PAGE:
The problems of ‘outsider art’

By Lucie de Rondeau Noyer


william-edmondson credit christie's

William Edmondson. Photo credit: Christie’s.


Since the label “outsider art” was coined in 1972 by art critic Roger Cardinal, it is generally agreed that such a category is problematic. For example, if you define an “outsider artist” as a creator who is poor, unrecognized, marginalized or dealing with mental health issues, then why would Vincent Van Gogh not be an outsider artist? It could be argued that it is because he received at least elementary art training, whereas “outsider art” often stands as a synonym for “self-taught art”. However, my answer would be simpler: Vincent Van Gogh is not an “outsider artist” because he was established as one of the most valued and celebrated artists of the late 19th century and held a conspicuous spot in the Western artistic canon long before Jean Dubuffet, a French Painter, started to promote l’art brut – literally “raw art”, historically the concept that ended up being translated in English as “outsider art” – during the forties.

The paradox with “outsider art” is that the label is always used and applied by people who are  “insiders” in the art world, namely famous gallery managers and artists, wealthy collectors or university-trained museum curators. Talking about “outsider art” therefore resembles the way in which medical professionals have developed series of words to describe people with disabilities. The result is labels that define without explaining anything. Saying that an artist is an “outsider” only indicates that their persona does not quite fit what we expect from artists in terms of social and educational background; it does not shed light on their individual works nor on their personal ways of creating.

Talking about “outsider art” therefore resembles the way in which medical professionals have developed series of words to describe people with disabilities. The result is labels that define without explaining anything.

That is why featuring “outsider art” in legitimate institutions might not be that progressive and emancipating after all. True, it certainly debunks the reductive assumption according to which you have to be trained in well-established institutions to become a respected artist. In 2013, the Bonovitzes’ donation to the Philadelphia Museum of Art, composed of works by self-taught artists now famous, such as former slave Bill Traylor (1853 – 1949), Afro-American sculptor William Edmondson (1874 – 1951) and deaf and recluse James Castle (1899 – 1977), was celebrated as the final step of the assimilation of “outsider art” in the Western artistic canon. However, such a “bold” move only replicates the exclusionary process that led to the birth of our artistic canon. Some artists – here all male and working in the United States during the 20th century – are deemed by collectors and institutions worthy of entering museums, while the rest of the artists once called ‘outsiders’ are left out of the realm of recognition.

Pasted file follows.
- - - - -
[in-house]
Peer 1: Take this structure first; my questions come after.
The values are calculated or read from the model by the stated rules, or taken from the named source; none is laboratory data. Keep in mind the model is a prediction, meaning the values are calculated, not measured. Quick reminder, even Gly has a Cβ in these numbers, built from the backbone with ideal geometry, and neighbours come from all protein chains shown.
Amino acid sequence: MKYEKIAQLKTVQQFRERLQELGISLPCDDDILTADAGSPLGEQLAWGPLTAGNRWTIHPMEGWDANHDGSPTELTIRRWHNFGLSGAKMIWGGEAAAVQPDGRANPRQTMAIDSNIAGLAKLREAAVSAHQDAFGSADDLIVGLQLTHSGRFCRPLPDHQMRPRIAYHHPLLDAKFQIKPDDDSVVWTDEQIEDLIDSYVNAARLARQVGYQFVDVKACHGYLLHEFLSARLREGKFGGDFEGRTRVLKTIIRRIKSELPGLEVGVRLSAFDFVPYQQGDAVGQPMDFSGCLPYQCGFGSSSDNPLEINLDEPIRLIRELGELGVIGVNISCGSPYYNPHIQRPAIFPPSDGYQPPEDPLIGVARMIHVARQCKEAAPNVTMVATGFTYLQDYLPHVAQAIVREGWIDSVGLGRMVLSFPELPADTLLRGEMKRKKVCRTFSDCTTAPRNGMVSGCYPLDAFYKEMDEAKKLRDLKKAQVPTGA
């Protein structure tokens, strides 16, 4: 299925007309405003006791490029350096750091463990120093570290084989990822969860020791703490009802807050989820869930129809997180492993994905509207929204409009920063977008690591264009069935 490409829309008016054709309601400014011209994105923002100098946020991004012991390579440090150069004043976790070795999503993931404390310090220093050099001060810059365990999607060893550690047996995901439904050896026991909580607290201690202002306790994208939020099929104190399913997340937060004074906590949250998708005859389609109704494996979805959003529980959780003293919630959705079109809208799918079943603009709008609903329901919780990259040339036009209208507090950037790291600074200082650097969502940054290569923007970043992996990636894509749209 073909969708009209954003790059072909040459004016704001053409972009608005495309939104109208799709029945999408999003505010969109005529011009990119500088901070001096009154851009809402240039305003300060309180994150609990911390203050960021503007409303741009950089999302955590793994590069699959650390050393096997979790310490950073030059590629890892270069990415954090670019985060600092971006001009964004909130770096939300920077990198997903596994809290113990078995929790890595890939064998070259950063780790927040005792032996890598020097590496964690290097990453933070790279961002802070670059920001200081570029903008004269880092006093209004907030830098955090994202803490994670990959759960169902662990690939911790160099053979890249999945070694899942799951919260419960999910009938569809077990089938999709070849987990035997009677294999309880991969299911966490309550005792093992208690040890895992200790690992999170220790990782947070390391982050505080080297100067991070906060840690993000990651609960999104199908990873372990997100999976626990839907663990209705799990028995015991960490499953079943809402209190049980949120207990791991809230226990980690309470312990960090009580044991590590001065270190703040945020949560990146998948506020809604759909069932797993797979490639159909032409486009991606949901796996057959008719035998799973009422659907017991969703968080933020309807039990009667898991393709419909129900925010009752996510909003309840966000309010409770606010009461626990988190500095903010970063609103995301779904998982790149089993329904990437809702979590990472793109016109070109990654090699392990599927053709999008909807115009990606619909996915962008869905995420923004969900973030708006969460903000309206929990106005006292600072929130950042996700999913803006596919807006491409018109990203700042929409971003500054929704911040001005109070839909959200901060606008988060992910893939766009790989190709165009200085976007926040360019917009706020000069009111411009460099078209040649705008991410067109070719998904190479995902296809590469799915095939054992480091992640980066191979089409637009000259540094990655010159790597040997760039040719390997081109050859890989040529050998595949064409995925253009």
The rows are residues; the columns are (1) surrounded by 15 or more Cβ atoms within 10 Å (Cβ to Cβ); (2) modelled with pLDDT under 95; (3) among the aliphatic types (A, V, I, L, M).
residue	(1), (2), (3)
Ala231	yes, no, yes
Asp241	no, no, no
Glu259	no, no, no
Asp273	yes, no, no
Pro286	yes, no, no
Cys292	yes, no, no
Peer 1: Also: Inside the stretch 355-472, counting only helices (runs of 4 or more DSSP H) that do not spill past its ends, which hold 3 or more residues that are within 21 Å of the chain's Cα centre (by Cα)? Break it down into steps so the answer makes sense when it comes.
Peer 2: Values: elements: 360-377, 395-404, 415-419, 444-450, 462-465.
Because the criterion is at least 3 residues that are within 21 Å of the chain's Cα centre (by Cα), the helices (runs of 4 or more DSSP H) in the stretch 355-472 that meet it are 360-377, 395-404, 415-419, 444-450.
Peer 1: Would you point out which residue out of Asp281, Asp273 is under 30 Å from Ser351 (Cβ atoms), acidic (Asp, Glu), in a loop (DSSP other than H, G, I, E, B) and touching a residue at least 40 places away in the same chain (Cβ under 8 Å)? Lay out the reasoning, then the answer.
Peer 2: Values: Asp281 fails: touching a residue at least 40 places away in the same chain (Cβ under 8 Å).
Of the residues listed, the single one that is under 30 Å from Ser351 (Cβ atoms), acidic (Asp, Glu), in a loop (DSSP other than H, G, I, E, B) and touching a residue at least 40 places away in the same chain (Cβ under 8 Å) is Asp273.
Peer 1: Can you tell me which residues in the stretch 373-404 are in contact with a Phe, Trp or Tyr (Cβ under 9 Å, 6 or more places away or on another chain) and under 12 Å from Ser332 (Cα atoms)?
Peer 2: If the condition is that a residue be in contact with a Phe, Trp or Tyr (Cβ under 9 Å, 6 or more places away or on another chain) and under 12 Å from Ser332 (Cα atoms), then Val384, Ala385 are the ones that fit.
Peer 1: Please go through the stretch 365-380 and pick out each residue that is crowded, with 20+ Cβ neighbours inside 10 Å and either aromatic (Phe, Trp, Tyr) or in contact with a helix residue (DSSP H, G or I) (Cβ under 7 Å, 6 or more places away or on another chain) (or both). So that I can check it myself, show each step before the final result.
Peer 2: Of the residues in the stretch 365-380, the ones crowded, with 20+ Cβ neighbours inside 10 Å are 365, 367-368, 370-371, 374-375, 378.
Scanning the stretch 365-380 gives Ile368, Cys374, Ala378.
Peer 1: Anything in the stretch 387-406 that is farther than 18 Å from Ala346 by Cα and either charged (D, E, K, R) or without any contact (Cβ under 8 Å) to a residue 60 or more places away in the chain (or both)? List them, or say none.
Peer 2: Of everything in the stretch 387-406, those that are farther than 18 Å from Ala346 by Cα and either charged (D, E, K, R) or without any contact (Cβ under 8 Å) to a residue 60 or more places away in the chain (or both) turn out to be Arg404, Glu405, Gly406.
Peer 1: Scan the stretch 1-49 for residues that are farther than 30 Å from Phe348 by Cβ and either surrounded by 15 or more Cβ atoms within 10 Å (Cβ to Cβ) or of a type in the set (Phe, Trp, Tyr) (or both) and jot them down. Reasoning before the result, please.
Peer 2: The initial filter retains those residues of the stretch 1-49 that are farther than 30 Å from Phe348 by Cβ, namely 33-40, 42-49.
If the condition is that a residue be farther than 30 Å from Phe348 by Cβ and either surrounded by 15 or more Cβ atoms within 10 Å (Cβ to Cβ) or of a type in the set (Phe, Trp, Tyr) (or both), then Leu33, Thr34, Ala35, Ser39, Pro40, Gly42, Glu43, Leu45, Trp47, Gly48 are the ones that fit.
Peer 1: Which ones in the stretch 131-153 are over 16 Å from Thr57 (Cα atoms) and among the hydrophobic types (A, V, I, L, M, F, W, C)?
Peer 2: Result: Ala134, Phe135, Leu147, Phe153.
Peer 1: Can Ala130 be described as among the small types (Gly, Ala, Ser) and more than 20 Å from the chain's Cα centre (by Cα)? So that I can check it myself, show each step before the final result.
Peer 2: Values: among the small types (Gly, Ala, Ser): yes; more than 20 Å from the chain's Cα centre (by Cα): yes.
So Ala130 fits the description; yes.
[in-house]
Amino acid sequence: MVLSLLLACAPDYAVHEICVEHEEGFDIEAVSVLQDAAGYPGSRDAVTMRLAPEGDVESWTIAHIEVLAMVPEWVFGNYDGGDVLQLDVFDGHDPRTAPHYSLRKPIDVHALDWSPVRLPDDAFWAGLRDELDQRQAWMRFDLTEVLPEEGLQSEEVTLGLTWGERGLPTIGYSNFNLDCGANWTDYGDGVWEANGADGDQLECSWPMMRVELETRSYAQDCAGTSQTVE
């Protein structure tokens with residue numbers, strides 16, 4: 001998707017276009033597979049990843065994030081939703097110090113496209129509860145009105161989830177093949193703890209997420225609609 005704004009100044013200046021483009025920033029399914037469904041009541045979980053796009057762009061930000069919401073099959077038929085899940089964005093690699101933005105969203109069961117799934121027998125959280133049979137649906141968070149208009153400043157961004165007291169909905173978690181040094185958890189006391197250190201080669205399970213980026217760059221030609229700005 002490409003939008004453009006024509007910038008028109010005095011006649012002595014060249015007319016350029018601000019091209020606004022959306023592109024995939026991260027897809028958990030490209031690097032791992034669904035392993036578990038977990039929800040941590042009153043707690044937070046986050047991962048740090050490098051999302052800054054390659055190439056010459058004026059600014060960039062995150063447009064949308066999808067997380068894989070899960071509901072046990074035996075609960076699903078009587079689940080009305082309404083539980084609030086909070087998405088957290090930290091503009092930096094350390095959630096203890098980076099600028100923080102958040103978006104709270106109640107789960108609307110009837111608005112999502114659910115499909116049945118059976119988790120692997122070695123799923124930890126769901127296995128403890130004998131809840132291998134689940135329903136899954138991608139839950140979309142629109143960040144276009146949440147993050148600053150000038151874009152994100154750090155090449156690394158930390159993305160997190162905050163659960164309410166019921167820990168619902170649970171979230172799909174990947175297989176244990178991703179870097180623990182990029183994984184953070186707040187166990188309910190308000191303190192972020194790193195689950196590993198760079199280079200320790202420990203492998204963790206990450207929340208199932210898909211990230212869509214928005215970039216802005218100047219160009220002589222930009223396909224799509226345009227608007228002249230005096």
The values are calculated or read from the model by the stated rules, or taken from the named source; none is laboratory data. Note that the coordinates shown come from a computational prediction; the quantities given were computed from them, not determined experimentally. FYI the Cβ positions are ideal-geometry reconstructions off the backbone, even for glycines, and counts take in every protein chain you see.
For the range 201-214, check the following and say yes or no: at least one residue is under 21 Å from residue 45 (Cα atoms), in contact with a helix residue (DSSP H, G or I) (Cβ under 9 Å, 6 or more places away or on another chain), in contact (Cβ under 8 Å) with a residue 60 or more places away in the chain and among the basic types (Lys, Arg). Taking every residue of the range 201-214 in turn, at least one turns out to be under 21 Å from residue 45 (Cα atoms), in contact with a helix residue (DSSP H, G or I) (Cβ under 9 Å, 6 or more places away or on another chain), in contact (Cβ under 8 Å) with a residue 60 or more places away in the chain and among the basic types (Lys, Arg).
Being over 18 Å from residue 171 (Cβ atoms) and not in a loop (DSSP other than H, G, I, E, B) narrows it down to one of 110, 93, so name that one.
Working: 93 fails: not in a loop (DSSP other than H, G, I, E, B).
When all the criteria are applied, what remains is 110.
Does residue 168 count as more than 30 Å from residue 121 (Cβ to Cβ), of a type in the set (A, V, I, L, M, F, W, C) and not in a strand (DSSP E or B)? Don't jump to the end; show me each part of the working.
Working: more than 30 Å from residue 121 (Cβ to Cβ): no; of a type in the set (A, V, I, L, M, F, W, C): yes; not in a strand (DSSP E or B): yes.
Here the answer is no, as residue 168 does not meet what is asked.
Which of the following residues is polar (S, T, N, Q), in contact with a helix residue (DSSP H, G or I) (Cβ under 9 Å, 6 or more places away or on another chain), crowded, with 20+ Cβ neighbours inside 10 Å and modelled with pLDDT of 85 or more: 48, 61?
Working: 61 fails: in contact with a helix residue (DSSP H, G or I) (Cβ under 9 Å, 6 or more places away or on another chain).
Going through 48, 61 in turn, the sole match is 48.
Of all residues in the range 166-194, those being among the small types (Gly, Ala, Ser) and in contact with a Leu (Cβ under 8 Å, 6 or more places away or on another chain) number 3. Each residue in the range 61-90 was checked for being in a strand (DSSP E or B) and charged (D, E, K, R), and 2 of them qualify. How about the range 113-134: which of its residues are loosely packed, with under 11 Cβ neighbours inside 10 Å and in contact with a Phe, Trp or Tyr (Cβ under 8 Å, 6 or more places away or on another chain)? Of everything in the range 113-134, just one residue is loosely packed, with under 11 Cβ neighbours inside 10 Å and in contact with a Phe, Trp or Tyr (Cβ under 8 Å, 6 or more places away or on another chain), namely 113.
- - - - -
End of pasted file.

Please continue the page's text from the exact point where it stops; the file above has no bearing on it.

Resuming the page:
William-Edmondson Ricco:Maresca gallery

William Edmondson installation at the Ricco/Maresca Gallery.


“Outsider art” has therefore not disappeared. It has just been filtered in order to produce a slightly wider version of our canon. The selected art pieces have received new names – visionary art – non selected works have received others – “maverick art, “naïve art” – or for the ones that are not coming from the Western world, they are still commodified as “folk art”.

Such a light revision of our canon is unlikely to encourage a more diverse approach of art. It does not make us move away from labels. It does not invite us to consider artists as individuals. It just normalises culture once again and reinforces the institutional power of museums and other art institutions, without questioning the relevance of their actions towards people and local communities.

Interestingly, the normalisation of “outsider artists” always comes at a cost and, more often than not, it consists of ignoring one aspect of their multifaceted creativity. The case of Henry Darger (1892 – 1973) is enlightening since his promotion from the world of “mad art” to the “nobler” realm of “visionary art” came with the denial that he was a writer as well as a painter. It is worth noting that it is only because he had undertaken to write an epic lengthily entitled The Story of the Vivian Girls, in What is known as the Realms of the Unreal, of the Glandeco-Angelinnian War Storm, Caused by the Child Slave Rebellion, that Darger produced the paper frescoes he is now famous for. However, his writings are not studied by art historians and hardly spoken of, while the very illustrations of these literary works are celebrated worldwide as proto “pop art”. This might not be the best way to pay tribute to his extraordinary creativity.

Before bringing their art into our museums, we should ensure doing the most basic justice to those we call “outsiders” and embracing the whole of their works instead of posthumously picking among their productions what is the most compatible with our canon.


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